“Responsibility” poses a quandary for us today, as it presupposes a standard toward which to be responsible. But as standards have been attacked as products of “white supremacy,” “patriarchy,” “imperialism,” and other nefarious forces, the notion of duty has steadily vanished.
The result has been a growing sense of entitlement and narcissism. Consider the widespread hostility toward a recent proposal to eliminate loan “forgiveness” for graduate students. The policy would stop the government from “forgiving” student loan debt after a certain number of years. The idea is that, if one is privileged enough to go to graduate school, one who isn’t shouldn’t be forced to pay for the one who is.
However, one outlet described the idea as a “sick joke. A billionaire president and billionaire education secretary, neither of whom spent a single day of their lives in public service before stumbling their way into positions of immense power, are targeting a program that’s basically meant to make life in underpaid government work a little more tenable.”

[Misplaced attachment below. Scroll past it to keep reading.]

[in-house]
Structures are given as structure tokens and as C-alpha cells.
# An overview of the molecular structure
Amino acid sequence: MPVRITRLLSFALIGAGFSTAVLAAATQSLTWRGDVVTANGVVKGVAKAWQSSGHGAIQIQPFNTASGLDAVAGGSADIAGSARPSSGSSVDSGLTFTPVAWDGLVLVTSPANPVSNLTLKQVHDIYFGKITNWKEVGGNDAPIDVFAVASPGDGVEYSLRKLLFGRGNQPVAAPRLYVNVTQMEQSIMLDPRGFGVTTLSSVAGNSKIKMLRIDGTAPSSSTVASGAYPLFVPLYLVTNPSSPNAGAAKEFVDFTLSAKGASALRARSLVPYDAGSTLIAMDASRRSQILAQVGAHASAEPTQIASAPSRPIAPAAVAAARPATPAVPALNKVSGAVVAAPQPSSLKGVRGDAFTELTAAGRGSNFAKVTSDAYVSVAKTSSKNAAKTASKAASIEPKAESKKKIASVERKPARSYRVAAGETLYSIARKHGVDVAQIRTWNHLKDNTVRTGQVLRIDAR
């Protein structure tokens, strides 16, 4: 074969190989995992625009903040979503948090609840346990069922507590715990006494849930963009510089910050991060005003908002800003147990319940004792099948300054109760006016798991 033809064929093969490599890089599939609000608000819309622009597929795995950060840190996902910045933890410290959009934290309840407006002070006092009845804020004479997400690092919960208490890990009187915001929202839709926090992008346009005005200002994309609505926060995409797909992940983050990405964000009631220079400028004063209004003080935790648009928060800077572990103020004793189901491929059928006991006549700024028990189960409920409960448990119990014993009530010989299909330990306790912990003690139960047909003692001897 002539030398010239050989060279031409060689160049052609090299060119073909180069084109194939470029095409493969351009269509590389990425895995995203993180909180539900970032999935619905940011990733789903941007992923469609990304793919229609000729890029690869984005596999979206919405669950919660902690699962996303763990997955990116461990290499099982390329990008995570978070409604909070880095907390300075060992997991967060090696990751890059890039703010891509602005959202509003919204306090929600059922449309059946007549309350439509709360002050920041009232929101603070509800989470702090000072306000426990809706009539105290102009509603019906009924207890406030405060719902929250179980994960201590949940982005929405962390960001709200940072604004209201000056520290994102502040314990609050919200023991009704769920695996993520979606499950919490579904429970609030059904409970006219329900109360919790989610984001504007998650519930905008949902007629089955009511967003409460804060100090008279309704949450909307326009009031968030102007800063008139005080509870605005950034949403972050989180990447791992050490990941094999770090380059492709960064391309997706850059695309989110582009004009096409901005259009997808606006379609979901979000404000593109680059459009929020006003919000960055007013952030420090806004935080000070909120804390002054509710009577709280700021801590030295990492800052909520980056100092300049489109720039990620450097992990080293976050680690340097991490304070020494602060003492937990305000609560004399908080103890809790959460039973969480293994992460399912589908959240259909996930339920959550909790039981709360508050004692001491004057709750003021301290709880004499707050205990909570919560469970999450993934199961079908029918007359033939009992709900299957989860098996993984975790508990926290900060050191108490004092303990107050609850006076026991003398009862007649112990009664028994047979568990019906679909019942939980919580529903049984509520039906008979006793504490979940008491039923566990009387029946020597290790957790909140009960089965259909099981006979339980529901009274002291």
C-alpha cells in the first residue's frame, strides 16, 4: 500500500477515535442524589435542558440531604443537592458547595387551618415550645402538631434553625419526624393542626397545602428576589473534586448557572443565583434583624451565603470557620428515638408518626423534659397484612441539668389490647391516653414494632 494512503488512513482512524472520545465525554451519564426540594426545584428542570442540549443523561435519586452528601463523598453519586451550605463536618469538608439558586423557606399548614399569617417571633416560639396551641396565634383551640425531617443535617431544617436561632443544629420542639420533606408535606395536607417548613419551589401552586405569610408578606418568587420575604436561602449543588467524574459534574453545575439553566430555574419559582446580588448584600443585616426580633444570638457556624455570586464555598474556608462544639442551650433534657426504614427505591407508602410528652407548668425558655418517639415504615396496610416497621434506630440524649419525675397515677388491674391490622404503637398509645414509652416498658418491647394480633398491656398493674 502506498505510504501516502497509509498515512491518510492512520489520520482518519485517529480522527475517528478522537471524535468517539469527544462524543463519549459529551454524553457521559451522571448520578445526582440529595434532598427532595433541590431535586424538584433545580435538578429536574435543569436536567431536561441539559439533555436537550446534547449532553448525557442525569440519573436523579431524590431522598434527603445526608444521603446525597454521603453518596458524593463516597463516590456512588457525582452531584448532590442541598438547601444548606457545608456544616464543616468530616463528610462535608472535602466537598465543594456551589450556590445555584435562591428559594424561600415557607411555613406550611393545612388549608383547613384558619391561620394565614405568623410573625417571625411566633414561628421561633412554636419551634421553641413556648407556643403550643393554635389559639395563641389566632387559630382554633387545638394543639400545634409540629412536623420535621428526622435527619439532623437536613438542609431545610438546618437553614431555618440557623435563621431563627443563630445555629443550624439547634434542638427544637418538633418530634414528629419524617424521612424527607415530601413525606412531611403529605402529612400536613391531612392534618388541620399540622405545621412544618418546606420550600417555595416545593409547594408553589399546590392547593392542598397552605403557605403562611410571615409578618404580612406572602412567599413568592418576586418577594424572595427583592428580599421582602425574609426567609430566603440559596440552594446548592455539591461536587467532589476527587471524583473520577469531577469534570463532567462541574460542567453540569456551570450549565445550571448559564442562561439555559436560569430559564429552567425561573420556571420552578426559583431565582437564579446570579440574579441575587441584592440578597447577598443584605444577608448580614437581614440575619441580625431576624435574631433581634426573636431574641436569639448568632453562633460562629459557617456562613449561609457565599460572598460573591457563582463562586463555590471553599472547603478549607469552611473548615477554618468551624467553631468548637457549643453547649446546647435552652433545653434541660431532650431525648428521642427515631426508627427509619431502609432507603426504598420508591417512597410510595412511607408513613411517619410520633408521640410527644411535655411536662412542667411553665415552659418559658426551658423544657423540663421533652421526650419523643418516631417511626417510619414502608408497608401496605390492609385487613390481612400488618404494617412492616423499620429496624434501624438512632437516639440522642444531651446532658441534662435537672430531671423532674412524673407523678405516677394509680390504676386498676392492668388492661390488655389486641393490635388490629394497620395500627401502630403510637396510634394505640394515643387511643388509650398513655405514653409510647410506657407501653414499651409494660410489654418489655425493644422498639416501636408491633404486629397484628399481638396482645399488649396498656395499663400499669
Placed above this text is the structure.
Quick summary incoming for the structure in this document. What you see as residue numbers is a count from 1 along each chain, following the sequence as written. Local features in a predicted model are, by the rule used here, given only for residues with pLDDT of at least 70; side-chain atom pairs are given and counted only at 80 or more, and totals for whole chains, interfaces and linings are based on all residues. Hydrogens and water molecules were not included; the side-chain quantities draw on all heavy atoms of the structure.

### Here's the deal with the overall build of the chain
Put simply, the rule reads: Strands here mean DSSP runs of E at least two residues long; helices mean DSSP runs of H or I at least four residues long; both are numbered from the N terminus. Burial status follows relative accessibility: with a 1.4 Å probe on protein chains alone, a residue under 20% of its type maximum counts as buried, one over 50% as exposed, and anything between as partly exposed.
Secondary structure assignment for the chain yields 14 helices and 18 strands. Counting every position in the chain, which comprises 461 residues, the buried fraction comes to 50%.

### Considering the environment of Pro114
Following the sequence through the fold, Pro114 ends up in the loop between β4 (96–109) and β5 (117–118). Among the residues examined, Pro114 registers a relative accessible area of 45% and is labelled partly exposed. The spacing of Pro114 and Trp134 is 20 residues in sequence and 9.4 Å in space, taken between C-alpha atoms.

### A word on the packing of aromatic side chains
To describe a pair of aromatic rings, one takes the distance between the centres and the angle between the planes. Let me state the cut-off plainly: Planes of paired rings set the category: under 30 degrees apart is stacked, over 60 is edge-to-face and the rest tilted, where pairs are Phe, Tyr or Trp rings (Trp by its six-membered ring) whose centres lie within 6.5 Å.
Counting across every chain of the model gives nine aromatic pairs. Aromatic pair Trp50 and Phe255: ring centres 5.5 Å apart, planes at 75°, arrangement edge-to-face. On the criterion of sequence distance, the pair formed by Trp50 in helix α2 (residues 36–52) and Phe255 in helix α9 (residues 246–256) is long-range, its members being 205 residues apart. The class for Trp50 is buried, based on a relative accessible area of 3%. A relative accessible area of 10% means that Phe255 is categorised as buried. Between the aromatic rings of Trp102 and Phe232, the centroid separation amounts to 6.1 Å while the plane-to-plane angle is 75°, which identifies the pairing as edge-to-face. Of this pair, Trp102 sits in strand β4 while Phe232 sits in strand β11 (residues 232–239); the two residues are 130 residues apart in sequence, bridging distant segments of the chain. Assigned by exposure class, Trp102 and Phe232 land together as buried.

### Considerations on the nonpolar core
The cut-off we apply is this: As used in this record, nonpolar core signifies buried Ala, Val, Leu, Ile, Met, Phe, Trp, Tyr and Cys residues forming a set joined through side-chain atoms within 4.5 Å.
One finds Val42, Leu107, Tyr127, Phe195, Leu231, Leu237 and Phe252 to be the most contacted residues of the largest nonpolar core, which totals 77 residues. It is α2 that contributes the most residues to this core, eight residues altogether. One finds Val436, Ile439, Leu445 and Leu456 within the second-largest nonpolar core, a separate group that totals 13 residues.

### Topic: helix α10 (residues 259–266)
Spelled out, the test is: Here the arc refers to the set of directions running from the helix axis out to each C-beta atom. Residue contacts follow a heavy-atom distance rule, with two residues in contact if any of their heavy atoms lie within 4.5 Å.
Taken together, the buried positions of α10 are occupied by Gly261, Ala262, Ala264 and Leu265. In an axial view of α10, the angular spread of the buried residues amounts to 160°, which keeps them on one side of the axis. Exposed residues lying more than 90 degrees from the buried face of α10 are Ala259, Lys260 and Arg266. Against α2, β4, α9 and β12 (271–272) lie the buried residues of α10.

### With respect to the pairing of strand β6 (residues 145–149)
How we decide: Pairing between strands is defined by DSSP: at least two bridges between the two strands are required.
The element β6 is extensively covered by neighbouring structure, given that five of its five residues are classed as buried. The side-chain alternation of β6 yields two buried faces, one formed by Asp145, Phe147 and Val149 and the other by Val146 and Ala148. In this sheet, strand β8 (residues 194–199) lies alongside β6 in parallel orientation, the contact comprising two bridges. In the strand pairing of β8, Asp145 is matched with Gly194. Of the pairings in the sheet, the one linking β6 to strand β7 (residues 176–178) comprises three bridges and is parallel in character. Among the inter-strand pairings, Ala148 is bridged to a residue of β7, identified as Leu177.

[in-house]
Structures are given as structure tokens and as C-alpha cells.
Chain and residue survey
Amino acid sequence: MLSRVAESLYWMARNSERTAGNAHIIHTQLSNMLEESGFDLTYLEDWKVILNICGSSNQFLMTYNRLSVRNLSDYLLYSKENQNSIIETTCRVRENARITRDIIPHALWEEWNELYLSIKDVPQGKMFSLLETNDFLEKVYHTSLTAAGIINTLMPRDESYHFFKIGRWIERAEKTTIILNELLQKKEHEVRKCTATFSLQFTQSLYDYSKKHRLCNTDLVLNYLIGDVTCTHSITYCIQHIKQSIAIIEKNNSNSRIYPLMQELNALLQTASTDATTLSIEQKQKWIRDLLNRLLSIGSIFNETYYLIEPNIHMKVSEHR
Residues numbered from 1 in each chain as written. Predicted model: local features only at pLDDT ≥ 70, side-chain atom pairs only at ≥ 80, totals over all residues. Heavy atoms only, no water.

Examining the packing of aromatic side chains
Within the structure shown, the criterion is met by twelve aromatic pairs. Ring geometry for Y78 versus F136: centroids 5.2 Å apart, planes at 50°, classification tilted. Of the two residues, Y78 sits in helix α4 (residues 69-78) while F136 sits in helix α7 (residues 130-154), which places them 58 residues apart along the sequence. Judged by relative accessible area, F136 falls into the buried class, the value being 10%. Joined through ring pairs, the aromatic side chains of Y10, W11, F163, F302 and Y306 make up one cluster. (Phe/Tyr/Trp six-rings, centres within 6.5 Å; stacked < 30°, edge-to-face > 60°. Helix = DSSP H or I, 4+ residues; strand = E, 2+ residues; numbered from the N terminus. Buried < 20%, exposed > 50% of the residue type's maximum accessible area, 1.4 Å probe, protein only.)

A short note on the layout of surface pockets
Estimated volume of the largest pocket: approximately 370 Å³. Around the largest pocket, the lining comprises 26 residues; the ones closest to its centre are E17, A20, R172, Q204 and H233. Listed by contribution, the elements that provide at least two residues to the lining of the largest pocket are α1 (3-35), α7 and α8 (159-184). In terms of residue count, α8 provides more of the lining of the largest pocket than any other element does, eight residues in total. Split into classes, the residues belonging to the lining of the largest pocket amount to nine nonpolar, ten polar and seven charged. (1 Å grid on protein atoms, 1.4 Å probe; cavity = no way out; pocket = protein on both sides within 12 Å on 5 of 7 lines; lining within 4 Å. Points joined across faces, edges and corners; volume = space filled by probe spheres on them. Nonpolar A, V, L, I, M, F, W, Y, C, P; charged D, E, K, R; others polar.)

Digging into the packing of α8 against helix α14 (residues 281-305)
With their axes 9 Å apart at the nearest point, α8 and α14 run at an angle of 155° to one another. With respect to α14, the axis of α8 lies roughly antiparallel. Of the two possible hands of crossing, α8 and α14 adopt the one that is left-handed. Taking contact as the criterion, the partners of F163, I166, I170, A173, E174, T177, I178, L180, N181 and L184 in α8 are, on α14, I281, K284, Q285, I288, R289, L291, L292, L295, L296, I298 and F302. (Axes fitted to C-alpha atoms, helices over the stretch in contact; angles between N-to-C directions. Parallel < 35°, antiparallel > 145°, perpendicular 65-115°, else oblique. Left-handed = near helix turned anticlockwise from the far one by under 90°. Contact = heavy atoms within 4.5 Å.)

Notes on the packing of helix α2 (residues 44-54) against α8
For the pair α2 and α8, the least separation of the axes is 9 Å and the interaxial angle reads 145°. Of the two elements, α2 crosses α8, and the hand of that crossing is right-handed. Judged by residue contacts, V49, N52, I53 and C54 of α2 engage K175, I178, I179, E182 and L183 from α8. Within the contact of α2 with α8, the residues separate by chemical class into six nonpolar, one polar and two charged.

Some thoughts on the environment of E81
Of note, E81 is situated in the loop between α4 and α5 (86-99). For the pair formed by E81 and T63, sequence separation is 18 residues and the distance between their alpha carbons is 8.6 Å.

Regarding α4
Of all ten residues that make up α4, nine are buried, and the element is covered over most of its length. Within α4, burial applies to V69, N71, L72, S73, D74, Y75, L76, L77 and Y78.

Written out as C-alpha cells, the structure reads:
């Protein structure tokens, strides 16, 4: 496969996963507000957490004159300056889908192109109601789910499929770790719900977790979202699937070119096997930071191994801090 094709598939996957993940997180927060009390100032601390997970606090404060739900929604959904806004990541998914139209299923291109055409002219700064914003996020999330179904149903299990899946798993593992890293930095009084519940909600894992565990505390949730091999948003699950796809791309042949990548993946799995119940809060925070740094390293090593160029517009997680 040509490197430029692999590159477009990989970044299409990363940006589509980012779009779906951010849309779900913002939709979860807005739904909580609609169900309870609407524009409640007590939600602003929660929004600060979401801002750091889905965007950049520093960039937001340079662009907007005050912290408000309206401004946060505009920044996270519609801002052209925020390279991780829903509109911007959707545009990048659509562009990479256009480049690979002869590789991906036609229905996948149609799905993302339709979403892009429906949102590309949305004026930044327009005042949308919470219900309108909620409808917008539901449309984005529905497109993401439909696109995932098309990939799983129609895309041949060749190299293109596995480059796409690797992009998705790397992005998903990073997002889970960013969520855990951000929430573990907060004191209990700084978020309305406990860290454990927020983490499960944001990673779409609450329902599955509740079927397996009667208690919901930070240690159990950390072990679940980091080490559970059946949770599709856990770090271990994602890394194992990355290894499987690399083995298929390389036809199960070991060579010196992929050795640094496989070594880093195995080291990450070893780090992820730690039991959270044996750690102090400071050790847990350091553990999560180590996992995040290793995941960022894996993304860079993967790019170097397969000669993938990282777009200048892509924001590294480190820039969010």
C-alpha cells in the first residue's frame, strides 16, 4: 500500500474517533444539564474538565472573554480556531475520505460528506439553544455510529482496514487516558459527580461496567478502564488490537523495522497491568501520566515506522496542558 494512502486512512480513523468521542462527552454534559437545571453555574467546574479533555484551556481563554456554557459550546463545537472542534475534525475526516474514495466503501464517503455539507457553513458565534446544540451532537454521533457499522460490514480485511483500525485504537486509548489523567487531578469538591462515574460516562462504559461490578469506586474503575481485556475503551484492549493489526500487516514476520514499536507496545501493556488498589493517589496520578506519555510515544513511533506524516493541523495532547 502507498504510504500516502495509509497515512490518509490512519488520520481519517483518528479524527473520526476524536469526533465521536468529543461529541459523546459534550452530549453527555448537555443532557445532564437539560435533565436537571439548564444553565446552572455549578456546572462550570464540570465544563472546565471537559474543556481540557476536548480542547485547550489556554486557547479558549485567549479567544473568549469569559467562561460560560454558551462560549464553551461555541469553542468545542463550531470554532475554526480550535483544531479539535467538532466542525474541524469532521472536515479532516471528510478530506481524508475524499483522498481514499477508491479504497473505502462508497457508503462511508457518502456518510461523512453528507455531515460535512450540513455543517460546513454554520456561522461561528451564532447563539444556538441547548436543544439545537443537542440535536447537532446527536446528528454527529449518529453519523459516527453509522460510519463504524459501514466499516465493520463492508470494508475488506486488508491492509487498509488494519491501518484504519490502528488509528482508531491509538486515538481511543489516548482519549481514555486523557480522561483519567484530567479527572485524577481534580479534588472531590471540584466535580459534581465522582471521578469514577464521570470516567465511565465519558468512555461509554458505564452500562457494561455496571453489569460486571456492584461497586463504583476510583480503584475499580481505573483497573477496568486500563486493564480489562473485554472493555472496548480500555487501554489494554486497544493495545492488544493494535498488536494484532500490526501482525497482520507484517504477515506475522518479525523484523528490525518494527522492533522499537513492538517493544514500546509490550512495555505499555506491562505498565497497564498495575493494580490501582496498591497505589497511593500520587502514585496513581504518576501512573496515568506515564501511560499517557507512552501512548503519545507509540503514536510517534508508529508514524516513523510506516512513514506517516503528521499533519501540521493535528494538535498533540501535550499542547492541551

Only a mindset that says “I am entitled to graduate school on another’s dime” would argue that preventing other people from being forced to pay for (“forgive”) another’s loan is a “sick joke.” Furthermore, the idea that “public service”—meaning government employment—is nobler than private-sector work is only further evidence of our cultural entitlement. Private markets create wealth, products, and jobs, which improve lives. Government merely consumes the wealth private markets create. That those who consume feel entitled to the wealth created by others is the height of the narcissism that pervades modern society.
Without standards of virtue which transcend the self, the self becomes the standard. At that point, as Protagoras remarked, “Man is the measure of all things.” In today’s culture, that is increasingly so.
David Weinberger, “We Don’t Have An Income Inequality Problem, We Have An Ego Problem”